If I continue to live defensively, I’m facing the wrong way on the field.

I can’t see my goals and I cheat myself from touchdowns. If I continue a defensive life, I am in danger of becoming an obstruction in someone else’s game, possibly my children’s.

A championship depends on a strong offense.

According to my beliefs, the game is already won. So truly, it only matters how I play it.

In this new decade, I choose to anticipate change and obstacles. I choose to improve, to be willing to lead, and take risks. I choose to make as many attempts as it takes and I choose not to surrender on the first down. I choose to live in the moment, to bench any players that don’t have my back, I choose to keep trying, learning and plotting new “plays.” I choose to take a knee.

Playing in the game of life is a choice and it is mine. I choose to keep playing. I choose to look downfield.

Whatever happened in the first quarter, whatever mistakes I made, they don’t matter, because it’s over. The second quarter has begun, it’s on the clock, and it isn’t even half-time yet.

I am the quarterback of my life and so are you. I am a champion. I choose to bury the past and Burrow into my future.


Mardi Gras Wearables for the Whole Family, Cher!


Disclosure: This post is sponsored by Party Time, however, all opinions are my own. 

Mardi Gras Wearables for the Whole Family, Cher!

If you are reading this while eating king cake and Popeyes’ red beans, then you’ve come to the right place it’s Mardi Gras season, Cher! We’ve teamed up with Party Time to make it easier on you to get your entire family Mardi-Gras-ready this season!

Last week, I had the opportunity to visit Party Time on Bluebonnet Boulevard near Airline Highway. From the moment I walked in the door until checkout, it was such a pleasant experience. The employees were so helpful and friendly, pointing me in the right direction to find exactly what I needed. Party Time has something for everyone in the family to make their parade season extra special. It’s your one-stop-shop! Y’all, the selection is unbelievable! I literally could not choose what Mardi Gras accessory to buy because I wanted it ALL! I may or may not have walked and down the many aisles a time or two… okay fine, three times.

Here are my top Mardi Gras wearables for the whole family, that can be found at Party Time.

For the Babies


When my husband and I were facing our first Mardi Gras season as new parents, we decided that we wanted our children to experience all the fun and revelry of the parades with us. This year is the first year we will be bringing an actual baby with us and not just a toddler, unlike previous years. So, when I saw this adorable king cake t-shirt for infants, I had to have it! Party Time carries tons of sizes, so if you have twins or a crazy mama like me that still loves to match her kids, then you’ll want these shirts!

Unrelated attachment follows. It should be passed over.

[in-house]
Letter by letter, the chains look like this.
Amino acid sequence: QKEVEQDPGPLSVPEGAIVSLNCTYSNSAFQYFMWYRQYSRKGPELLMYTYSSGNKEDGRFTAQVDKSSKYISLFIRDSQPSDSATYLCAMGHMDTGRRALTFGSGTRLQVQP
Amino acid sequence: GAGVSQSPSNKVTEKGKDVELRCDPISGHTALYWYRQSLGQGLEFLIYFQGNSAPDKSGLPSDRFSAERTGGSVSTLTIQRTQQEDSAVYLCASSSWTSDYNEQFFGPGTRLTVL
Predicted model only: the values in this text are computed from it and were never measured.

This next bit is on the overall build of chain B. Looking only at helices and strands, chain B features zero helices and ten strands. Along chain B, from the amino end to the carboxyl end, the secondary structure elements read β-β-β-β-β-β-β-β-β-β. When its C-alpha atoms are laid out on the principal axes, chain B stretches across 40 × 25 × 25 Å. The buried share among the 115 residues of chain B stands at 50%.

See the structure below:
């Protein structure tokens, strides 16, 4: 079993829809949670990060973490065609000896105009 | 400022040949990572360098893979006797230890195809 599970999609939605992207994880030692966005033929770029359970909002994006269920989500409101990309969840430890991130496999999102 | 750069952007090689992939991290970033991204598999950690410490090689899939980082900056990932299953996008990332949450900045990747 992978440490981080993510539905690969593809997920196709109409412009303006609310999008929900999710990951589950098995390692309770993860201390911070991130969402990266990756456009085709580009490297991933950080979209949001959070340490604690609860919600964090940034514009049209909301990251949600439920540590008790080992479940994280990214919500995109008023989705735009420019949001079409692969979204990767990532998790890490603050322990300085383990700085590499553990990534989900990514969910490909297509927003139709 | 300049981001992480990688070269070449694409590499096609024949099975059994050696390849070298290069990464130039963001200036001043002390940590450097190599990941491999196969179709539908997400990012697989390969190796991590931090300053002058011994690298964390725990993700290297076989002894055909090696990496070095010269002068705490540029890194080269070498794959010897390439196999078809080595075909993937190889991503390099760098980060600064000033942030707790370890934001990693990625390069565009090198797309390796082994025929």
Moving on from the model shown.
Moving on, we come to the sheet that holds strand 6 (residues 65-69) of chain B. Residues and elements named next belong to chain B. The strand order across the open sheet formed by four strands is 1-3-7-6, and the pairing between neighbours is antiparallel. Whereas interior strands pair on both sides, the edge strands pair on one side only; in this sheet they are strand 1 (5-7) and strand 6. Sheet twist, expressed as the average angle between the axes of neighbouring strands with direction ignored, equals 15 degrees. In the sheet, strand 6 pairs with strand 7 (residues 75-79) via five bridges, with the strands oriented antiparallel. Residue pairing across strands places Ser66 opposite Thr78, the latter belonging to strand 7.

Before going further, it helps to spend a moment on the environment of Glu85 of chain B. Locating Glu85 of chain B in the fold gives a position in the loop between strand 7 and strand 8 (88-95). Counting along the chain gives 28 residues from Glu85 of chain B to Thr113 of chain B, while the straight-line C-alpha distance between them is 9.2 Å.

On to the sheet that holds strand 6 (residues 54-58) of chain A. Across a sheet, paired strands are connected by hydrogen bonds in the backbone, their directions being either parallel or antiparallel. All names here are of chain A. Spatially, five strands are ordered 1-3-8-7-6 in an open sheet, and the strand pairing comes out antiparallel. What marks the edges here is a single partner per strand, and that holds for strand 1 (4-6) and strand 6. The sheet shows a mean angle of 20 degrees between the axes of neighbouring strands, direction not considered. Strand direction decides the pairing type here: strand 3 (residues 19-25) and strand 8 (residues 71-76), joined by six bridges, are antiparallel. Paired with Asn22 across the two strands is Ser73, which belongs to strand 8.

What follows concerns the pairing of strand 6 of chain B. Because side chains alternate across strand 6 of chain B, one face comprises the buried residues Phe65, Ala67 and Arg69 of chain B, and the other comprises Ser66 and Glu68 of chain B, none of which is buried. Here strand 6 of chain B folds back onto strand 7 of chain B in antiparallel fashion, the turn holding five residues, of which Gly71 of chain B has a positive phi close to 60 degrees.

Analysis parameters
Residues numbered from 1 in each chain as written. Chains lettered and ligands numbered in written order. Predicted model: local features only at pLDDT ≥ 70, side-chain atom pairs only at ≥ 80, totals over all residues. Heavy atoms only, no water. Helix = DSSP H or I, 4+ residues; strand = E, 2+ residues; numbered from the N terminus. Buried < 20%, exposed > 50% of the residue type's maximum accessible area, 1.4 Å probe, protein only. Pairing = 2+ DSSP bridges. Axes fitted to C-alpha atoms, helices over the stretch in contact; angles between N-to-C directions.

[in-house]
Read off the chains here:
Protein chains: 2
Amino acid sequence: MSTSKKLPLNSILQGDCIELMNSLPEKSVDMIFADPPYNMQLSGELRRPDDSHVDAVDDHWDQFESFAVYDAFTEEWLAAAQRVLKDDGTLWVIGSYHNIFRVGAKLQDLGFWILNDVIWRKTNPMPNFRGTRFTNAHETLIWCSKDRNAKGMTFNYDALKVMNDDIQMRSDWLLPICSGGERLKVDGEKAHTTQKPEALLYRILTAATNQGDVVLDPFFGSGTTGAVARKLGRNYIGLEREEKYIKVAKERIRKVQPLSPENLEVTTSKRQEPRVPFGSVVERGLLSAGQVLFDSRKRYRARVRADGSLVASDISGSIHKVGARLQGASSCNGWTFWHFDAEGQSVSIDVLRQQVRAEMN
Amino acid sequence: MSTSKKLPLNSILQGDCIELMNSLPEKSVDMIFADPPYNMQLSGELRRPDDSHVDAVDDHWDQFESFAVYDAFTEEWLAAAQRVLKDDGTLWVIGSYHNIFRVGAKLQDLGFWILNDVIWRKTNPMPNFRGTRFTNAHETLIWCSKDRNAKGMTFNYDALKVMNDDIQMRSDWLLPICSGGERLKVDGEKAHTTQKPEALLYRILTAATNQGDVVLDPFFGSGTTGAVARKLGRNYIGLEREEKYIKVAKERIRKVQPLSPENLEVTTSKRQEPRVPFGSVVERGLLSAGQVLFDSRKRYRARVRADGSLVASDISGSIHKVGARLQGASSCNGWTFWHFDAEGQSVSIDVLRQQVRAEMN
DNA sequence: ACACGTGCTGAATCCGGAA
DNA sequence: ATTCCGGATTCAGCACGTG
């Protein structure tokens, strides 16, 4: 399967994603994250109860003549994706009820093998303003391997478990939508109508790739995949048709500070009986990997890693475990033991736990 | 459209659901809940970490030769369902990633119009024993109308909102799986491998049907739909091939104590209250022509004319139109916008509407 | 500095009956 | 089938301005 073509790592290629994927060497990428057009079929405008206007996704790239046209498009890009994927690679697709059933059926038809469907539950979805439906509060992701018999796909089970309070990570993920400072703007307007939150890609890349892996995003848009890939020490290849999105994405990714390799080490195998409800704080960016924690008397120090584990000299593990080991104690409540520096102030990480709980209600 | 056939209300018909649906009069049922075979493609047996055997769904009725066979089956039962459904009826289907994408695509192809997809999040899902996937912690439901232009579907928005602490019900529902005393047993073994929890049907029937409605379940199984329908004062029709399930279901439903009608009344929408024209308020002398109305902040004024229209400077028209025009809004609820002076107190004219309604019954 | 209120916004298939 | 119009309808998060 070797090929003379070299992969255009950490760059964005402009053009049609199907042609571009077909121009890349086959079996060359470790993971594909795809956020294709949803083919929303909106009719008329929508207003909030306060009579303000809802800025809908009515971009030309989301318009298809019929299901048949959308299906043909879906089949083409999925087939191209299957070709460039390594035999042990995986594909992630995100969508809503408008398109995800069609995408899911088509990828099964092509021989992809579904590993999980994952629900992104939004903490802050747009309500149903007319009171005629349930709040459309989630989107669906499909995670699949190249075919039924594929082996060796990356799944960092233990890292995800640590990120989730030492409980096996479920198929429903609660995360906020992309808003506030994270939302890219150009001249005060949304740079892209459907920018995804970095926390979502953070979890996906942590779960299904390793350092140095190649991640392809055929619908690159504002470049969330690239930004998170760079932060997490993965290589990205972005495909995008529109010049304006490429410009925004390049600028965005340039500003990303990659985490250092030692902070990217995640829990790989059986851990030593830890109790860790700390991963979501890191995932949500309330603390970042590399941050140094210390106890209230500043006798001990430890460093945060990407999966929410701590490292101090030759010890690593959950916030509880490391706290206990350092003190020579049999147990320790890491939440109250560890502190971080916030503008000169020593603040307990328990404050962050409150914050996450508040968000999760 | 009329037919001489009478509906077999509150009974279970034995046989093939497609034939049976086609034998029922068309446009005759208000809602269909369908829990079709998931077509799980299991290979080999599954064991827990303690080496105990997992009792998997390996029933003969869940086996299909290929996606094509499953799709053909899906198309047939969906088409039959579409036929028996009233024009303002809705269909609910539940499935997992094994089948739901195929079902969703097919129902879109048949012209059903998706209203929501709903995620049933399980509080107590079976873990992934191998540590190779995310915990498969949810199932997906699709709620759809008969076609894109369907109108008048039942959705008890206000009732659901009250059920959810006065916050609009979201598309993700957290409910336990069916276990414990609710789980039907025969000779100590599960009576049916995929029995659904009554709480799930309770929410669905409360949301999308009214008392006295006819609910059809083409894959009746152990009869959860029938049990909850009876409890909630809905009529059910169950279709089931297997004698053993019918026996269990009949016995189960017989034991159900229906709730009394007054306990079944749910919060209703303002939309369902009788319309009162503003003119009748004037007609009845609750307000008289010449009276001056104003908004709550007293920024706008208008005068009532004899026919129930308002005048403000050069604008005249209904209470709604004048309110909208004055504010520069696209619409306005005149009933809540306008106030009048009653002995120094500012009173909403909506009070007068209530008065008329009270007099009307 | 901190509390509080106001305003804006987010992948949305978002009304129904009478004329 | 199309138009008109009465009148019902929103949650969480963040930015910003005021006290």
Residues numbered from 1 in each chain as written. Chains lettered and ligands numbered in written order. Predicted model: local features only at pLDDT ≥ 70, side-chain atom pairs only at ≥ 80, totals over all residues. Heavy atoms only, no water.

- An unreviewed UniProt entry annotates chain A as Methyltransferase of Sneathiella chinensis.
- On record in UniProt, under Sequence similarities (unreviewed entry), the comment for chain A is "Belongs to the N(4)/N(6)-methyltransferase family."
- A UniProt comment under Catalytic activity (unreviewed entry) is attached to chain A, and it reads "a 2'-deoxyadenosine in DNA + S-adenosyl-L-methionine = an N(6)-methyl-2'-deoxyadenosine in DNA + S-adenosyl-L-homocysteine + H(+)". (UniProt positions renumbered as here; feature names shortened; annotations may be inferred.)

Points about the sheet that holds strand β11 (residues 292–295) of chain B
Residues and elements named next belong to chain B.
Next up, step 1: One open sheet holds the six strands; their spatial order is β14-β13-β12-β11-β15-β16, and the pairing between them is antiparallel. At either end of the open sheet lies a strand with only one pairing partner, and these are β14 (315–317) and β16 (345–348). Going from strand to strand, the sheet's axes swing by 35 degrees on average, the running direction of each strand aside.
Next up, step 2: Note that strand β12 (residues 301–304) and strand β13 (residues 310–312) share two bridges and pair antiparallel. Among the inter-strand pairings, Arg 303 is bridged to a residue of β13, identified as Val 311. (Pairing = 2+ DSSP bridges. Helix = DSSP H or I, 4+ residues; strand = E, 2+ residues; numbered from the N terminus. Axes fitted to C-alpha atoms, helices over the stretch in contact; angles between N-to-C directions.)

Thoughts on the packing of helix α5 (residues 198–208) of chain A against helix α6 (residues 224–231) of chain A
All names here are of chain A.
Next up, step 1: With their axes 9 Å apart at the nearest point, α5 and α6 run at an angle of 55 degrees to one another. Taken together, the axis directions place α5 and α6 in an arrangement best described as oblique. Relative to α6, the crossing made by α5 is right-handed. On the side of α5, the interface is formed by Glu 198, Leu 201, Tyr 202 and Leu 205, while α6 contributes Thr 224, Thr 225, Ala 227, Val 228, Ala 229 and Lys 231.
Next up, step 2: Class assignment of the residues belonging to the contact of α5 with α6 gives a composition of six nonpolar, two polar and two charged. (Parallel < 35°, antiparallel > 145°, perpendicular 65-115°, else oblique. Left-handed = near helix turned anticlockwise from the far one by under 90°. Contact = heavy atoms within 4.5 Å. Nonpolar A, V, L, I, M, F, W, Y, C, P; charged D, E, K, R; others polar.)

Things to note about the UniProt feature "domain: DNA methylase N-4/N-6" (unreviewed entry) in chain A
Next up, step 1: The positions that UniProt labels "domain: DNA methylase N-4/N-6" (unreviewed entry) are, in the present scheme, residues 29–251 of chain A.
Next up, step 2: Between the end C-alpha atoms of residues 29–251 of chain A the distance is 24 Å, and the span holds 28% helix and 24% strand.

For the Kids

I let my daughter pick out what she wanted to wear. Bless her heart, she wanted to match Mama so she picked out these headbands for us to wear together!

If you have a boy, you will want what is sure to be this hat of the season!! It’s called a “Dragon Hat” so you know that’ll impress him. My son hasn’t taken it off since we got home. This is just one of the so many festive hats Party Time carries in stock.

For the Dads

It’s typical of my husband to throw on a t-shirt and call it a festive outfit before heading out to a parade. So this year… I was looking for something a little more and I found it! These Mardi Gras suspenders are the perfect thing to pull an outfit together!

For the Mamas

I’ve saved the best for last. I found the perfect accessory for every family member, but especially for busy moms like me—a Mardi Gras fanny pack, y’all! Obviously, moms need to be hands-free to tend to our kids and catch beads, cups and all those stuffed animals we don’t really need (in that order, haha kidding)! This fanny pack is pretty spacious and can help hold all the things you need so you can fully enjoy the festivities! Need jewelry to complete with your outfit? Party Time has that too! Check out these precious earrings I picked up from there, too!

Even though I shared only a few options per family member, Party Time is packed with so many options. From hats to beads, socks to t-shirts, masks to sunglasses and tutus to handbags, you will be so impressed with everything Party Time has to offer.

Most people ask, “What is Mardi Gras without a king cake?” but I think it should be, “What is Mardi Gras without Party Time?” Before the parades roll through this year, take a trip down to Party Time to get your family Mardi-Gras-ready!